The death of the "Grand Century"

By Hélène Delalex

On the morning of 1st September 1715, the King died. After steadfastly enduring 15 days of suffering, “he effortlessly gave up his soul, like a candle going out”, as the Marquis de Dangeau wrote. At that very moment the officers left the Royal Bedchamber and disappeared into the attic to move the single hand on the clock in the Marble Courtyard. This clock, a motionless one with no mechanism, does not show the real time but the time of the king’s death. Like an invisible finger, the unmoving hand of Versailles now indicated 8:15am.

The King had died, and the news spread in a great wave across Europe without ever needing to specify which king it was, because Louis XIV was ‘the’ king, ‘the world’s greatest king’, a king who was almost immortal having reigned for 72 years. At a time when 50 was old-age and the average life expectancy in France was only 25 years, such physical and moral endurance, at more than 76 years old, seemed truly supernatural. His reign, the longest in the history of France, bestowed unprecedented fame on the country, and people still remember the monarch’s greatness as builder of modern France, a creator whose name features on the pediments of grand monuments set up in his honour, author of Paris Ville Lumière, military reformer, a warlord who extended the boundaries of his kingdom, patron, commissioner of artistic and intellectual masterpieces, and more.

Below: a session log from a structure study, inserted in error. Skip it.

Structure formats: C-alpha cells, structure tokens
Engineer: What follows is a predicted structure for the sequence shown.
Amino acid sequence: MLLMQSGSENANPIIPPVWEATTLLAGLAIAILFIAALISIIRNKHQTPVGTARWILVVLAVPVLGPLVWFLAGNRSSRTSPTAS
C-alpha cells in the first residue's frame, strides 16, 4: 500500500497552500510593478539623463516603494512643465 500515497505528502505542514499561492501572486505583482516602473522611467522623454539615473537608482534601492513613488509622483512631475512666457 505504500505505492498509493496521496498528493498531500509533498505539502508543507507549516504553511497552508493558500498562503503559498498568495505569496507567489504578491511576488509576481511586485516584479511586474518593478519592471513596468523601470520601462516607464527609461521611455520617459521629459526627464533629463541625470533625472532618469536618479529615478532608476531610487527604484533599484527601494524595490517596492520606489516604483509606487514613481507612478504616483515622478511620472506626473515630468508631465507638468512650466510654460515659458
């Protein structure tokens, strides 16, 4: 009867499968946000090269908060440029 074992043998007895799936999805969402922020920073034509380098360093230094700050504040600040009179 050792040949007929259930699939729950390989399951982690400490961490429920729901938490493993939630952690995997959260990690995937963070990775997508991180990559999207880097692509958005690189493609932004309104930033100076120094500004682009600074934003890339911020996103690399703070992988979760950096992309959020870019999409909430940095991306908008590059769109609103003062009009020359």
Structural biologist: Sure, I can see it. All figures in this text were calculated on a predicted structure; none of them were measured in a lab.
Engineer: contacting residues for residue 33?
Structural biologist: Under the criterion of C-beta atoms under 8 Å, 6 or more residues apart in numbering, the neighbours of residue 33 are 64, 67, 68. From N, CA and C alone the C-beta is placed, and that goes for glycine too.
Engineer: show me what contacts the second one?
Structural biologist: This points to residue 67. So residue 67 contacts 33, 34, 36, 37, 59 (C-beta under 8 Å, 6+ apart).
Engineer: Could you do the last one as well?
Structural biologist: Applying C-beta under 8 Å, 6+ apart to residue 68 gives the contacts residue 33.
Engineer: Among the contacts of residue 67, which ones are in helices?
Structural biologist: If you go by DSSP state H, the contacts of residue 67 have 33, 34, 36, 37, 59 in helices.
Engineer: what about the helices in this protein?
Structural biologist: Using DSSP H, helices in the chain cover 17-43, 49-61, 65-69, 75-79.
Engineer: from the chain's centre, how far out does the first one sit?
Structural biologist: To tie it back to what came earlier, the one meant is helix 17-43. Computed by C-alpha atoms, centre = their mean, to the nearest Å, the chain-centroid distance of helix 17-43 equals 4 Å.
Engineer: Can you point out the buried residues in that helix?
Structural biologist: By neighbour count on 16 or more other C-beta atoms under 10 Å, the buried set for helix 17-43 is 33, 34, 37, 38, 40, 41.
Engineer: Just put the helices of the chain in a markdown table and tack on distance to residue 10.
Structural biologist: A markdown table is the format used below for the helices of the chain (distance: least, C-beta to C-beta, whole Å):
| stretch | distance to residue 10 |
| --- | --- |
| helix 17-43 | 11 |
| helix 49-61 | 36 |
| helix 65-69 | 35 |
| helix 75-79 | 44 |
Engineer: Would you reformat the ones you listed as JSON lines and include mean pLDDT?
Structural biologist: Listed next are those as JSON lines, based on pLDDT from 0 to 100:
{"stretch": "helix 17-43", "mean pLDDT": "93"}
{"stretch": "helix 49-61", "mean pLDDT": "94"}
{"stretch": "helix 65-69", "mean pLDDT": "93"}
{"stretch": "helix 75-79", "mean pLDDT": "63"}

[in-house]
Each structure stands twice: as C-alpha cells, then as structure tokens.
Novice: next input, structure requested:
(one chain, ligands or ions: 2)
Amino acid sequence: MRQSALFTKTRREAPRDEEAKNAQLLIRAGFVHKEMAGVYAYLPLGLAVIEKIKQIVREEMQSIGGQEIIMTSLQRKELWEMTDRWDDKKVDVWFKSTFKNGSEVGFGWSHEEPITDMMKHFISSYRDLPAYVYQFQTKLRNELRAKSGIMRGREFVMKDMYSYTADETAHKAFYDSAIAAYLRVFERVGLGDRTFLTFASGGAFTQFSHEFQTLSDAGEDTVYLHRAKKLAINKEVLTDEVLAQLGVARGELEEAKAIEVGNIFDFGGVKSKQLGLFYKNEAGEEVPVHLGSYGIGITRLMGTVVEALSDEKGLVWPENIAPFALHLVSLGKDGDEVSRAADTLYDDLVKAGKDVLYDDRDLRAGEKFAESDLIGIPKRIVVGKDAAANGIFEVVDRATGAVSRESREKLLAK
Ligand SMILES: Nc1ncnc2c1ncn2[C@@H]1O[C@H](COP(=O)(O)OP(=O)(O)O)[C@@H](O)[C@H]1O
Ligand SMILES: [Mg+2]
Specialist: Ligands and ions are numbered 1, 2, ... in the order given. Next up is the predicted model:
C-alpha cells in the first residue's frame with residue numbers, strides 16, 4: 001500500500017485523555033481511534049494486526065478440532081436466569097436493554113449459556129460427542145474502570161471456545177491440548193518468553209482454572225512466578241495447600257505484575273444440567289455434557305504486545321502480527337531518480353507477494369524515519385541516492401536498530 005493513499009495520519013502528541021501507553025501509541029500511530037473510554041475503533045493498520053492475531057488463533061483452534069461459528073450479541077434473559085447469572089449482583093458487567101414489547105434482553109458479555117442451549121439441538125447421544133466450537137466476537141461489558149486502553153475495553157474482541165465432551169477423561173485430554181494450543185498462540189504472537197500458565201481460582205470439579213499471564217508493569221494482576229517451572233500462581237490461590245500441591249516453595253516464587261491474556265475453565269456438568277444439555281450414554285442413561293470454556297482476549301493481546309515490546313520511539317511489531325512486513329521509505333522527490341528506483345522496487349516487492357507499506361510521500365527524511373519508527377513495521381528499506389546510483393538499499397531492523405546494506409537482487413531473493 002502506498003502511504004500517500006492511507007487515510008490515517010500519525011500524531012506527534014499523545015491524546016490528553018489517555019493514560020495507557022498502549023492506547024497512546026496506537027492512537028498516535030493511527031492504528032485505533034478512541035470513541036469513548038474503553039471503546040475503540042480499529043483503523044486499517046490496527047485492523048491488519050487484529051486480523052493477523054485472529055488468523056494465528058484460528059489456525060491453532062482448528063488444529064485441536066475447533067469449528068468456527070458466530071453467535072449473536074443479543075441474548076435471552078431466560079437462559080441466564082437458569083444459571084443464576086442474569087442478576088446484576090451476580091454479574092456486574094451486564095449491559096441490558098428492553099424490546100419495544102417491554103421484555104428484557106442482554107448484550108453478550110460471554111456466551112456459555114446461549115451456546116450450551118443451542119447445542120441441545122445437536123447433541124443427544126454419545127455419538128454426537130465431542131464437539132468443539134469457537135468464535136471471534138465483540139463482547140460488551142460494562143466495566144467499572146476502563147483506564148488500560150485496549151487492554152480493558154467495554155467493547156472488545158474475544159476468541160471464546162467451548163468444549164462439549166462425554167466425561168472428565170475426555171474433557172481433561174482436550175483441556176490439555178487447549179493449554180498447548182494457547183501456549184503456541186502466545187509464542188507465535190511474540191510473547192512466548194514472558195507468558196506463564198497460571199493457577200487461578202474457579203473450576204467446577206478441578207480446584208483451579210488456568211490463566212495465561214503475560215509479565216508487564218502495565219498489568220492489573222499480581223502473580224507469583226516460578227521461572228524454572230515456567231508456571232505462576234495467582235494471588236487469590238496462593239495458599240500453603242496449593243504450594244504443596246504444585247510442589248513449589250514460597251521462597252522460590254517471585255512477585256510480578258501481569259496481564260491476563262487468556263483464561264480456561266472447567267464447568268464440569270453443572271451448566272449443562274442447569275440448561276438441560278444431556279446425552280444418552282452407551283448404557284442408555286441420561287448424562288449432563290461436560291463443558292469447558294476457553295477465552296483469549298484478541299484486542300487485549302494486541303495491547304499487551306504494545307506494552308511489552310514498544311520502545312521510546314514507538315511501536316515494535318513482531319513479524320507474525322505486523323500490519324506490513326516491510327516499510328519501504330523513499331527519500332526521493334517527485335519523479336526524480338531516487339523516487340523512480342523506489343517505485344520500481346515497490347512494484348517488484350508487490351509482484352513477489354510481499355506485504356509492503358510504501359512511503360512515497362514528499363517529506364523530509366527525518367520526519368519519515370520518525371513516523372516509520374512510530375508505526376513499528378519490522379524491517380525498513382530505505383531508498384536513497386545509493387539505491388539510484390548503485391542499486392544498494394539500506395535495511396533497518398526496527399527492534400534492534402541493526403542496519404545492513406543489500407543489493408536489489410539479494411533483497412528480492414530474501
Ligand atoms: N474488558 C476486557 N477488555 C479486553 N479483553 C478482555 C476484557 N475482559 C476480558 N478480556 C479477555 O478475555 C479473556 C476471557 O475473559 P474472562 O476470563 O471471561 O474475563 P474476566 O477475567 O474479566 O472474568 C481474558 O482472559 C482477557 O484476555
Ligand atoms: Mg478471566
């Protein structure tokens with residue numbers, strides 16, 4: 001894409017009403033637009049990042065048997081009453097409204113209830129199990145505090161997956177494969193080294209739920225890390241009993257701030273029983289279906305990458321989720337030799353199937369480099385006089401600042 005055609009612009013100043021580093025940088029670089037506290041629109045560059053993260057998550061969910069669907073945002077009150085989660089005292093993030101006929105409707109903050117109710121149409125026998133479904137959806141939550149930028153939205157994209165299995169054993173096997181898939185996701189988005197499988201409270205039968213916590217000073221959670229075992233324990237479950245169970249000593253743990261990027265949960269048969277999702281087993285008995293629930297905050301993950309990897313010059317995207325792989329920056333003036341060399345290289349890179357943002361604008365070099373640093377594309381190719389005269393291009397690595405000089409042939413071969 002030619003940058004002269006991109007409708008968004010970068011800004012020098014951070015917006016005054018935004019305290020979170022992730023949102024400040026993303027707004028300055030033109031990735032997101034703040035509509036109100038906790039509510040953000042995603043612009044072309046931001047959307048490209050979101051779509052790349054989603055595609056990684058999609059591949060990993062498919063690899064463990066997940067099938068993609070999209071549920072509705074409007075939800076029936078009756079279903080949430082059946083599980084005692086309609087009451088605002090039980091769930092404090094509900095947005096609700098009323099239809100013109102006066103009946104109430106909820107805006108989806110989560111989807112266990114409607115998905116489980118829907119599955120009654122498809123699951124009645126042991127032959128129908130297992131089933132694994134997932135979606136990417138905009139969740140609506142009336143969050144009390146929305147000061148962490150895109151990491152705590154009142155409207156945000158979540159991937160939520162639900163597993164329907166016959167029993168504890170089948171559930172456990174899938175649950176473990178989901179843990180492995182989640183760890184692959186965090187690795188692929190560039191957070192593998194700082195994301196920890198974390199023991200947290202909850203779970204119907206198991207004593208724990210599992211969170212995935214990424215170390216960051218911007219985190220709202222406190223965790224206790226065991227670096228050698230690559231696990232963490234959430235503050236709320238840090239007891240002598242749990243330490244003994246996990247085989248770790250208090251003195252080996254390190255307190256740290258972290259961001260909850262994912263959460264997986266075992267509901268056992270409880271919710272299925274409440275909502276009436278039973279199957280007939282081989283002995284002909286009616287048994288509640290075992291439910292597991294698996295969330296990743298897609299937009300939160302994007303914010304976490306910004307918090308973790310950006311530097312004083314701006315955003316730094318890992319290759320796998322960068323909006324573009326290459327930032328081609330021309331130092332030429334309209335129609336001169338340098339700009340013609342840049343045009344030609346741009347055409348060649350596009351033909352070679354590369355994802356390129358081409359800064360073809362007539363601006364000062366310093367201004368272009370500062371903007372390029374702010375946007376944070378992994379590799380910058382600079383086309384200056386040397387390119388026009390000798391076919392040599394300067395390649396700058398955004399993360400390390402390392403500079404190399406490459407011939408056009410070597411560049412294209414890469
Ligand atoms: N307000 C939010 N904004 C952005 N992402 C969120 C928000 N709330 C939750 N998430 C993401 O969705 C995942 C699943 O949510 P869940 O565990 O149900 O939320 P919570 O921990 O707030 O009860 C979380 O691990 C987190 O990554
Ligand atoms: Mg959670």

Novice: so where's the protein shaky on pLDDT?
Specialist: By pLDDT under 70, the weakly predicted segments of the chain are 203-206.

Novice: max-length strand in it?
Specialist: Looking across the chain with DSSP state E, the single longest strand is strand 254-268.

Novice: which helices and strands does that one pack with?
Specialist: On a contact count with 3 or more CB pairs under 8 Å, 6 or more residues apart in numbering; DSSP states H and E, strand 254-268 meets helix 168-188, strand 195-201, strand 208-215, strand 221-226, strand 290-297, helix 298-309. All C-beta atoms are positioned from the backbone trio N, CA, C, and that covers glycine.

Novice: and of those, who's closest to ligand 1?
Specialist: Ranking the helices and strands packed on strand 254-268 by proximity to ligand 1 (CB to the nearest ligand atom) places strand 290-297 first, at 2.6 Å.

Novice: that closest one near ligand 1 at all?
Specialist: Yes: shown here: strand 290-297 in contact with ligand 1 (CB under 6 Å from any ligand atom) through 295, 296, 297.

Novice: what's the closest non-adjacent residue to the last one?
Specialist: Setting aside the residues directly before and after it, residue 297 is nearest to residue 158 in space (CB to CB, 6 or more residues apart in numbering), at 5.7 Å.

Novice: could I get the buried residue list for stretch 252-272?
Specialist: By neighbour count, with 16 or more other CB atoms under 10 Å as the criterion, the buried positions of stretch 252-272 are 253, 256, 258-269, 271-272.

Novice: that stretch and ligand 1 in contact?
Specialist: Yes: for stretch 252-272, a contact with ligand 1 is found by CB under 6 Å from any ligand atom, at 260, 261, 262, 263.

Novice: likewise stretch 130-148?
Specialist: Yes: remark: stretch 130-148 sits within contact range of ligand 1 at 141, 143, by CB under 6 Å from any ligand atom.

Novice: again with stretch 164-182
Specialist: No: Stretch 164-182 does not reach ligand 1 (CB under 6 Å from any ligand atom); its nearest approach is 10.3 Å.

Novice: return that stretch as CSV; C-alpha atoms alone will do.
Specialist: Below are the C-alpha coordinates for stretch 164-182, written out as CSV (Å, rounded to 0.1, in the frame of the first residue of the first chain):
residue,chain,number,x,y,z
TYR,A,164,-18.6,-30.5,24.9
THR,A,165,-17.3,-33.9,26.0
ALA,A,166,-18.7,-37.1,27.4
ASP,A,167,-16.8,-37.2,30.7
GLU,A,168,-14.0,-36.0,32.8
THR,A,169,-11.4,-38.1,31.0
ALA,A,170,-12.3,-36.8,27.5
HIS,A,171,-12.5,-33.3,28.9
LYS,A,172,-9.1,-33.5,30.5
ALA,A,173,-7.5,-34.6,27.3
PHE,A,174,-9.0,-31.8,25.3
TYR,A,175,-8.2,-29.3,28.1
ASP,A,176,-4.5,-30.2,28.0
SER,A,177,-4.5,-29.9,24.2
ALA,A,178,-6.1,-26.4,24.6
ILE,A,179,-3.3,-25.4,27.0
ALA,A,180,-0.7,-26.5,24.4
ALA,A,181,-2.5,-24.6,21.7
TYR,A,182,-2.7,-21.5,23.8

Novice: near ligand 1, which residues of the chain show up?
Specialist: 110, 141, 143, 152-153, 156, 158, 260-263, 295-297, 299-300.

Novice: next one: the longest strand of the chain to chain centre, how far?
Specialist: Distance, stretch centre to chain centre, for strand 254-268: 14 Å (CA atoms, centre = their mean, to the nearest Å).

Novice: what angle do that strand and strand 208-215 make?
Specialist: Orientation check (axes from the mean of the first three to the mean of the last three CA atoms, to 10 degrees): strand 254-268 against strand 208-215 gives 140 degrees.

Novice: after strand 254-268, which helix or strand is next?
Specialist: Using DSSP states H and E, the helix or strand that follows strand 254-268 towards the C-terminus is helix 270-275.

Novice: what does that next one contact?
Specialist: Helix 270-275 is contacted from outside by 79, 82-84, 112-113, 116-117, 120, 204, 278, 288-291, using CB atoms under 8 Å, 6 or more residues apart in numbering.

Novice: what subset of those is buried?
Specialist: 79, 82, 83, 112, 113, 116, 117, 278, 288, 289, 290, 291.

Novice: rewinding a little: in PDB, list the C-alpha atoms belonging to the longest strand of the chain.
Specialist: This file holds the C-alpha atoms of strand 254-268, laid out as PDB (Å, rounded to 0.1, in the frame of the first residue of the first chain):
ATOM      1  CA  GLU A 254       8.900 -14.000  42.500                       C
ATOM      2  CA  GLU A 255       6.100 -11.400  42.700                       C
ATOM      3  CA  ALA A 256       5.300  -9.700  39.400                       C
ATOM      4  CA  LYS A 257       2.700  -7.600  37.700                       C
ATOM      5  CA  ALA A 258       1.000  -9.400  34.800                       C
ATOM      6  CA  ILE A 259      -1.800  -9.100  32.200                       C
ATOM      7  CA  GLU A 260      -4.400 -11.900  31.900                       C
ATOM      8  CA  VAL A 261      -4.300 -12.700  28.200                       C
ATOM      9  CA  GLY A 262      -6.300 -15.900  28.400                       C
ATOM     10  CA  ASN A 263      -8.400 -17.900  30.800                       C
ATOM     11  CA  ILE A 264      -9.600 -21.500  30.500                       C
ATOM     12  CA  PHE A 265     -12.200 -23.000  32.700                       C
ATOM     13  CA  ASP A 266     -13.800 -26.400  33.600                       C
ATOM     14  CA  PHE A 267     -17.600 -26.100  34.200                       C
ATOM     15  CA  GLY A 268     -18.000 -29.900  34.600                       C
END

The King is dead, but this is not merely the death of a king: Louis XIV also took with him the Court, Versailles and the whole era of which he was the last remaining rampart.

By Hélène Delalex, attached to the Palace of Versailles’s conservation, in charge of carriage’s collection. On 15th October 2015, her book Louis XIV intime will be released, Gallimard Publishing.